AFP / REUTERS – April 12, 2013 – ANKARA:   Turkey’s parliament on Thursday passed long-awaited legislation to bring its widely criticised anti-terror laws level with European standards, and which could see the release of thousands of prisoners suspected of having ties to the outlawed Kurdistan Workers’ Party (PKK).

The new package of laws passed by the ruling Justice and Development Party (AKP) is aimed at stopping freedom violation cases from piling up before the European Court of Human Rights (ECtHR). Crucially, the reform makes a clear distinction between membership of an illegal organisation and producing propaganda for it, which is accepted as long as it does not “legitimise, praise (or) encourage” violence.

The change is expected to prompt the release of a few thousand pro-Kurdish prisoners jailed on suspicion of ties to the PKK, labelled a terrorist organisation by Turkey and much of the Western world. Turkey has used the legislation widely to prosecute thousands of politicians, activists and journalists, frequently for things they have said or written. The country regularly tops the list of countries violating the European Convention of Human Rights and the European Commission had called on Ankara to amend its laws to distinguish between incitement to violence and expression of non-violent ideas. According to the new law only direct incitement to violence will constitute a crime, and justice ministry officials said it was in line with European Court of Human Rights criteria.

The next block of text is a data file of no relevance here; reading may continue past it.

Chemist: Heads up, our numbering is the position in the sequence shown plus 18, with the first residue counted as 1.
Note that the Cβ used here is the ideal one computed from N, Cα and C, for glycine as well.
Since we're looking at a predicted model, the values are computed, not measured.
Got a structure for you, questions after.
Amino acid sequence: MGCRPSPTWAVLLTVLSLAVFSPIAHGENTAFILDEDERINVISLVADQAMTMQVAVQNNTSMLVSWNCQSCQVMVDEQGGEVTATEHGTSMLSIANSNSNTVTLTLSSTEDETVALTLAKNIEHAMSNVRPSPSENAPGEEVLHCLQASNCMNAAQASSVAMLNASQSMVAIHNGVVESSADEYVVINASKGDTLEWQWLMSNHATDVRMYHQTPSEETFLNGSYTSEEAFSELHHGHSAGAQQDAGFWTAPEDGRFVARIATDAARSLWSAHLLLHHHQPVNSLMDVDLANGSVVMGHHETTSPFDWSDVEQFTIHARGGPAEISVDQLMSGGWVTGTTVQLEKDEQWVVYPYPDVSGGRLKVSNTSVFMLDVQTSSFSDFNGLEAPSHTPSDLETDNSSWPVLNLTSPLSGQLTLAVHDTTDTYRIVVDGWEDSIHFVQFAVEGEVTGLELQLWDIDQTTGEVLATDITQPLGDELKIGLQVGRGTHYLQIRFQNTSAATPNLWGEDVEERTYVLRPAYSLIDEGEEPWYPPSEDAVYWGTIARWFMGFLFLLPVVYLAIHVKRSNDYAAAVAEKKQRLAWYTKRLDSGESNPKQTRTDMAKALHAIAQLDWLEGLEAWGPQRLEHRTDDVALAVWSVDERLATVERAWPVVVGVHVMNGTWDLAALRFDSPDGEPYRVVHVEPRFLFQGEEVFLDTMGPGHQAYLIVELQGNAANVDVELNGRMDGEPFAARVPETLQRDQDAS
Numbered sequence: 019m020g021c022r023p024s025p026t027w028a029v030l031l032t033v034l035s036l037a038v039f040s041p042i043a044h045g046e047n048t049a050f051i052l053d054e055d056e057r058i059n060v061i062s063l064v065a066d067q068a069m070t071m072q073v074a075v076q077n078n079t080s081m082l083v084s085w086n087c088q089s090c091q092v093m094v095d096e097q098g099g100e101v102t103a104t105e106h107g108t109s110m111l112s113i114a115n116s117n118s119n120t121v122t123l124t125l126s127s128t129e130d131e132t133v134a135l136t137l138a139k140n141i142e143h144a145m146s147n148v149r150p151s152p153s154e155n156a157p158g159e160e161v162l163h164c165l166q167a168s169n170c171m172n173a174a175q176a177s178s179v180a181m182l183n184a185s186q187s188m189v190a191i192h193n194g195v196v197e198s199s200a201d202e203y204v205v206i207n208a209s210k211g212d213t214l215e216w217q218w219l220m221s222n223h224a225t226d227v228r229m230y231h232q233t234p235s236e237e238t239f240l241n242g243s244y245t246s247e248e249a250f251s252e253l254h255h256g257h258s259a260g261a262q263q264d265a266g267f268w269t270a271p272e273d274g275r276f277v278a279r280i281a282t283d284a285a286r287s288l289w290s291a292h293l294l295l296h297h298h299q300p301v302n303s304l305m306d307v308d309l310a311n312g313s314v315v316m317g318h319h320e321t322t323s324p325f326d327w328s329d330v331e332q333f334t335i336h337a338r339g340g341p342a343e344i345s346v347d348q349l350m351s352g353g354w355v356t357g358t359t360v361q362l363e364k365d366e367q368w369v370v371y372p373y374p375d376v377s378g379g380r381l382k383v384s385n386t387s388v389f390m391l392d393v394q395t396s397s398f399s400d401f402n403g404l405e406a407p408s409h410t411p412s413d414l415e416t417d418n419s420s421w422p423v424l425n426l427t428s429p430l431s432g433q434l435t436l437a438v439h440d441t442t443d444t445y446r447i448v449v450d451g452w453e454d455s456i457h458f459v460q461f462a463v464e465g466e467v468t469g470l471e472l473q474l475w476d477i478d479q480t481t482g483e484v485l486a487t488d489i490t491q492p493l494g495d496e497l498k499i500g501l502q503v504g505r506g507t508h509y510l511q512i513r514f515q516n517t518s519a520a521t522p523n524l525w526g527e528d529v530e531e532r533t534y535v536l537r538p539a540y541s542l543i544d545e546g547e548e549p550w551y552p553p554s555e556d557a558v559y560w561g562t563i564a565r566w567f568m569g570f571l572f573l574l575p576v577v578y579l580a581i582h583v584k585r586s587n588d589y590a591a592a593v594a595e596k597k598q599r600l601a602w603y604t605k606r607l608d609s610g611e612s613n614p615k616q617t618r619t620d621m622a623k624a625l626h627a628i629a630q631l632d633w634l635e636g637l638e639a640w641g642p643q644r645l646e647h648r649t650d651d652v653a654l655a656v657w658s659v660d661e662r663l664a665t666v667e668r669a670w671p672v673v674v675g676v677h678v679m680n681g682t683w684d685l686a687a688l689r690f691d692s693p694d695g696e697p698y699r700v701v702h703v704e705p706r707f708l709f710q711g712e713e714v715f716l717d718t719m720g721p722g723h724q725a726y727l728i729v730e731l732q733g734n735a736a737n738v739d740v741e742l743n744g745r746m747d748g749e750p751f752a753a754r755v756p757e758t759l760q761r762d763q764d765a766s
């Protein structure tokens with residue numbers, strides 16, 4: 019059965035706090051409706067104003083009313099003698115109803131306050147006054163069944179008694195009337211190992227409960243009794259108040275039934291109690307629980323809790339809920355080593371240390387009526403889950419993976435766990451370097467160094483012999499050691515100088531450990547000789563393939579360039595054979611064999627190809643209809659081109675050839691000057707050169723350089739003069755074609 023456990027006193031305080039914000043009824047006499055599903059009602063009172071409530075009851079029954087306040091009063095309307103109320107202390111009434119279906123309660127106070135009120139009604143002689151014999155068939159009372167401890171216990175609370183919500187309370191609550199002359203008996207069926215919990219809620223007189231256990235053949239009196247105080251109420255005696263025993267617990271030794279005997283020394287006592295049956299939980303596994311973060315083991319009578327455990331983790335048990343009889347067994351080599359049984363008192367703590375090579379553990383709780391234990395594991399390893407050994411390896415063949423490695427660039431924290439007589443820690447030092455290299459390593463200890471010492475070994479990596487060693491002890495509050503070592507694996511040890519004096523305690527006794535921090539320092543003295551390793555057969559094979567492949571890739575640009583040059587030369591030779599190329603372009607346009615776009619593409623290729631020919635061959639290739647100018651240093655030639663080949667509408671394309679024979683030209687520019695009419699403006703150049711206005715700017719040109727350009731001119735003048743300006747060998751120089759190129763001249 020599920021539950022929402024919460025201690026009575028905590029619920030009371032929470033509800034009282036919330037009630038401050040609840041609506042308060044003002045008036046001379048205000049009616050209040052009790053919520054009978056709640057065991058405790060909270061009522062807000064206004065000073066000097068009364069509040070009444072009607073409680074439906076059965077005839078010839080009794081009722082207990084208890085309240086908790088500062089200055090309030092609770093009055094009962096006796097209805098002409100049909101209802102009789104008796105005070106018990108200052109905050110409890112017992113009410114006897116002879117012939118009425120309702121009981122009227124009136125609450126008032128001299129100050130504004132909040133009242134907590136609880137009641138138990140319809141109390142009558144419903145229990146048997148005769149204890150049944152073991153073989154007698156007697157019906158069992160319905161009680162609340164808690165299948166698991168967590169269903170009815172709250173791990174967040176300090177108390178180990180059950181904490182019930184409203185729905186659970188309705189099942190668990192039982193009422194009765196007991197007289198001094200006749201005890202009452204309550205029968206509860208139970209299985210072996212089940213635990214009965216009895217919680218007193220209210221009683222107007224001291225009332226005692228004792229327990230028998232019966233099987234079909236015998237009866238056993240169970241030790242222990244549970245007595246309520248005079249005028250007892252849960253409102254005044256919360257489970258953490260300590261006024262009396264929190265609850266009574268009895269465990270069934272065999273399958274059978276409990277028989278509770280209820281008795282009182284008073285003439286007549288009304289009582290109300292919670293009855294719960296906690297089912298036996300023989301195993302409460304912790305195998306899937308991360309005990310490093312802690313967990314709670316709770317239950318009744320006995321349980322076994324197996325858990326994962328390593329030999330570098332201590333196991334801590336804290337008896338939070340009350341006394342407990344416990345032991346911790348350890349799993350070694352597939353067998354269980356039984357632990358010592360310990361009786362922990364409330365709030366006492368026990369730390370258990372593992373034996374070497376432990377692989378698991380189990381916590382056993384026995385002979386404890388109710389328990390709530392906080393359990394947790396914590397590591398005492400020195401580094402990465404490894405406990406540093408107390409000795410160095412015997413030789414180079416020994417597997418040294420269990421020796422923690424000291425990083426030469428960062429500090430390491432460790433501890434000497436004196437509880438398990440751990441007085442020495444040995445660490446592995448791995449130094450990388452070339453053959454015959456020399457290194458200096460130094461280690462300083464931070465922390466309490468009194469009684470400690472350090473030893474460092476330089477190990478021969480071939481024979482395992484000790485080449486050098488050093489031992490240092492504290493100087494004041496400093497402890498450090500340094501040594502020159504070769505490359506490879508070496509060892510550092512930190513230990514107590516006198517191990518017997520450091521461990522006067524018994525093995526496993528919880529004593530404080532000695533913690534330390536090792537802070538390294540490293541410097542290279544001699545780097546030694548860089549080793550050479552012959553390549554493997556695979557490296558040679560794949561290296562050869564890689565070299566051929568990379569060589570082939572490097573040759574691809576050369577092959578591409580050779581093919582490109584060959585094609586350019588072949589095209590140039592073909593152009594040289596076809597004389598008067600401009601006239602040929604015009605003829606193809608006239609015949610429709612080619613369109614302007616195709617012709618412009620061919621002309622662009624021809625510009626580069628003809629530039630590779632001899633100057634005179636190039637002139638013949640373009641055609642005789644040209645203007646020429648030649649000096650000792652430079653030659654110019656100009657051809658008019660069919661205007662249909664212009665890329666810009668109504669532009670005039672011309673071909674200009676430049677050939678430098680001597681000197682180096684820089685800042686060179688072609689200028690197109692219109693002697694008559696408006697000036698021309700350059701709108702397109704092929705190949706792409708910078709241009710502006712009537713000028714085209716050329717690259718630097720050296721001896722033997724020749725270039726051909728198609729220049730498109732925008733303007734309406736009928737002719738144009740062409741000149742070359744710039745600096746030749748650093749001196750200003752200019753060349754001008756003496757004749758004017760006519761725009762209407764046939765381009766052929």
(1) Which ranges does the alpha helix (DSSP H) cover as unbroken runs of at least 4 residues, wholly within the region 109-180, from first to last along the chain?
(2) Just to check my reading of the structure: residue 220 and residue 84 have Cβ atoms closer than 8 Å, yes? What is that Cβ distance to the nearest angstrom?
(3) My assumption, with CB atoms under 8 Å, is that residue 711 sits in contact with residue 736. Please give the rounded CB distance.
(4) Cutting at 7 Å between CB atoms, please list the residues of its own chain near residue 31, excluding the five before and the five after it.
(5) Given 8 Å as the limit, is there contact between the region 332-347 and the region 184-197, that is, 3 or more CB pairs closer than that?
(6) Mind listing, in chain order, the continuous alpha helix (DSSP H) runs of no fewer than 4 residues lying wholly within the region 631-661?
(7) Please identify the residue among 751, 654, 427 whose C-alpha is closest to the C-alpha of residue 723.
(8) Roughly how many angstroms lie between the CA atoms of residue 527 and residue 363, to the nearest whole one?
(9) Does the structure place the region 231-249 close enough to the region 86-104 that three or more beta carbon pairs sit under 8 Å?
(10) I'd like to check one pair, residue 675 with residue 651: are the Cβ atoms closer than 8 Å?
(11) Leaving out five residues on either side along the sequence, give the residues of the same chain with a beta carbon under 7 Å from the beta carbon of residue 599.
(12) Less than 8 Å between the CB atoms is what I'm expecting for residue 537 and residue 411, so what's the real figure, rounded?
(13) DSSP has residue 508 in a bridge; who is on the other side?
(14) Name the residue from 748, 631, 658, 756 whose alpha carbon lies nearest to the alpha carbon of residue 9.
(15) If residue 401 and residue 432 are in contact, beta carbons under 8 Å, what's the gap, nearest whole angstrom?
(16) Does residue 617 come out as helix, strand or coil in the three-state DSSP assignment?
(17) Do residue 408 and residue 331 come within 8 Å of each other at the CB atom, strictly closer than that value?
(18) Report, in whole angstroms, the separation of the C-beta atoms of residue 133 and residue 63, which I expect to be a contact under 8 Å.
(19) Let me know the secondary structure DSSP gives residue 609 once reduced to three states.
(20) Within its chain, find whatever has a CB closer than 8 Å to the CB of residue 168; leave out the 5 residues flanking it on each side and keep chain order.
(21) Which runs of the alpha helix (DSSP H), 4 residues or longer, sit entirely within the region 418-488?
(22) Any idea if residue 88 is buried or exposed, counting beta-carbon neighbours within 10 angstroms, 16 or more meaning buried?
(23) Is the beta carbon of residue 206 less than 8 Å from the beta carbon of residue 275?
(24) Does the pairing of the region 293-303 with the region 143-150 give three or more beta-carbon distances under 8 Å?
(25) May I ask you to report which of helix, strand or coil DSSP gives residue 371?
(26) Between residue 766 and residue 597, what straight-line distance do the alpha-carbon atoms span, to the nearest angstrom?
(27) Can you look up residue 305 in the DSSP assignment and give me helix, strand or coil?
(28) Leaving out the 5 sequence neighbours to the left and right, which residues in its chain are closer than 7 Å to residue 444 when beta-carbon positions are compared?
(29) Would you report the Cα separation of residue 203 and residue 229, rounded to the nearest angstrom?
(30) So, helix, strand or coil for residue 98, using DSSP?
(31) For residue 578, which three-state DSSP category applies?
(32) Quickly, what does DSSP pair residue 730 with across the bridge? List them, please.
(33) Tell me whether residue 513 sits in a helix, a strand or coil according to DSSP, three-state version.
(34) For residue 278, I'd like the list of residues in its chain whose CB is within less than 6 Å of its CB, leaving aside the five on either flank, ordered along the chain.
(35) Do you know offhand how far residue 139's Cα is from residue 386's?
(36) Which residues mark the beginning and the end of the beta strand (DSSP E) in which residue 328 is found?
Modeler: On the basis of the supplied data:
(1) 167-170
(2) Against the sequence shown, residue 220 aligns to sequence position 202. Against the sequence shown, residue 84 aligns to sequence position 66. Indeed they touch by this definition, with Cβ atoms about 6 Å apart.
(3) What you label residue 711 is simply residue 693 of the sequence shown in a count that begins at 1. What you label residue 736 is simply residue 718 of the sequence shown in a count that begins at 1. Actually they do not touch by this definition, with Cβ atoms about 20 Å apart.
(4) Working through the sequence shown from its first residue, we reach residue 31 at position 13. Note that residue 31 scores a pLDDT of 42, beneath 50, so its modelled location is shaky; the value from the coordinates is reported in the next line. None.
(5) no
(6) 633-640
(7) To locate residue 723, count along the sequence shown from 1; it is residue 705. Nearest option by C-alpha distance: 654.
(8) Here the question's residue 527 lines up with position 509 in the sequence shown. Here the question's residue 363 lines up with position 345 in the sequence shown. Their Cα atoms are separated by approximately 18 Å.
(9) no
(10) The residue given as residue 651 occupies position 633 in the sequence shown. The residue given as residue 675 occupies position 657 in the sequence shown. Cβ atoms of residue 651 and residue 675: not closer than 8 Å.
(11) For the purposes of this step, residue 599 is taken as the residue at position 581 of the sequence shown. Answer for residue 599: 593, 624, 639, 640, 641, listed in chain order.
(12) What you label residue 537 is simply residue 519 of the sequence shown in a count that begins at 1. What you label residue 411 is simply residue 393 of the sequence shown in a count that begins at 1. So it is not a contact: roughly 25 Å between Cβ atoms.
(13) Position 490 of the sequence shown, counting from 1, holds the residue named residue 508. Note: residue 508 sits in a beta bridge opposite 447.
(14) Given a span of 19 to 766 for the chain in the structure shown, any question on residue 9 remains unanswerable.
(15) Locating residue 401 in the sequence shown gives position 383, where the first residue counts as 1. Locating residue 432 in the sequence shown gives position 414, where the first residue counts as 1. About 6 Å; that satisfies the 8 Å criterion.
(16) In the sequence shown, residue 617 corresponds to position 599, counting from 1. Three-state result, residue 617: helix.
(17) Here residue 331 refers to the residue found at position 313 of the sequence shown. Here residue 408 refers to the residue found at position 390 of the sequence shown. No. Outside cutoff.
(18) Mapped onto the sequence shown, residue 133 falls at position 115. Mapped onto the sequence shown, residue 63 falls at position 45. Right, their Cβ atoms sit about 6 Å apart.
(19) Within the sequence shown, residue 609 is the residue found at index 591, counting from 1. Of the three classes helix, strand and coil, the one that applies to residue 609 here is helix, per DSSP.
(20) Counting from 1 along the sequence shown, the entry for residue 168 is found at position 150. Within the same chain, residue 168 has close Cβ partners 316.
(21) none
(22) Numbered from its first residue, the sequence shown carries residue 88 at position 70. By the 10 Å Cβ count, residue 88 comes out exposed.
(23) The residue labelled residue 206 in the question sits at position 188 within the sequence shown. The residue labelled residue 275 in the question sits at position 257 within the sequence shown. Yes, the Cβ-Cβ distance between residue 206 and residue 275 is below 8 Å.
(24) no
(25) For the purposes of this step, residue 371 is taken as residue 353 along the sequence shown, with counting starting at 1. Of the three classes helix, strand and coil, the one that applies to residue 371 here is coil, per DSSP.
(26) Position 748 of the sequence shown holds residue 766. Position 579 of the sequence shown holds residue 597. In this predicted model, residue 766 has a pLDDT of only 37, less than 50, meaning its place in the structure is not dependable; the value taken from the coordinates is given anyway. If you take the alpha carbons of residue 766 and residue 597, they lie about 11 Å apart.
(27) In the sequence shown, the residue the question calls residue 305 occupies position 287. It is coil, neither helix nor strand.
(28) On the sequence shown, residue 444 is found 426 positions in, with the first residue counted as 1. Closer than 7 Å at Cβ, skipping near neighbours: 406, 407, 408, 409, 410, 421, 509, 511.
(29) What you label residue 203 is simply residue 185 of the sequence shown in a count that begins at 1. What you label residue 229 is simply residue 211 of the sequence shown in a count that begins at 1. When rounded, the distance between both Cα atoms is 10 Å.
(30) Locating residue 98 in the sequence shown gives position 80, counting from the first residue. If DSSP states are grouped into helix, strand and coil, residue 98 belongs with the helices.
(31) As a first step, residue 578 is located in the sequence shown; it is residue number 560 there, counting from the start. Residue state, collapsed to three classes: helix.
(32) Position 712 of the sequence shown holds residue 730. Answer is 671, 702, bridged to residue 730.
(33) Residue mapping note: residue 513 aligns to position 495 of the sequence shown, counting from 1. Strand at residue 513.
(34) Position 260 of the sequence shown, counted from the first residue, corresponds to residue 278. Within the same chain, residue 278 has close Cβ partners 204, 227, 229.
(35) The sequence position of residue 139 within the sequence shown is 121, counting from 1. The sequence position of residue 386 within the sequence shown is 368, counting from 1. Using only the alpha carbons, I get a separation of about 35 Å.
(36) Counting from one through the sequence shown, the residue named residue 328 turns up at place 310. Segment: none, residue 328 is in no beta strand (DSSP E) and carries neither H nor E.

Justice Minister Sadullah Ergin said those defendants were being tried with membership of a terrorist organisation, rather than spreading propaganda. The reform also abolishes the 20-year statute of limitations for people involved in carrying out torture.

Supporters describe the reform as a “good but insufficient move” to radically improve Turkey’s anti-terrorism laws, whose broad wording has led to the jailing of hundreds, including army chiefs, journalists, politicians and academicians. As of January 31, the ECtHR had received a giant pile of 16,700 applications for cases of rights violations in Turkey to be heard, according to justice ministry figures. The court has found Turkey guilty of rights violations in 2,521 cases since 1959, Justice Minister Sadullah Ergin told Anatolia news agency on Wednesday. “The plan includes important revisions that will improve Turkey’s record in human rights and freedom of expression,” Ergin added.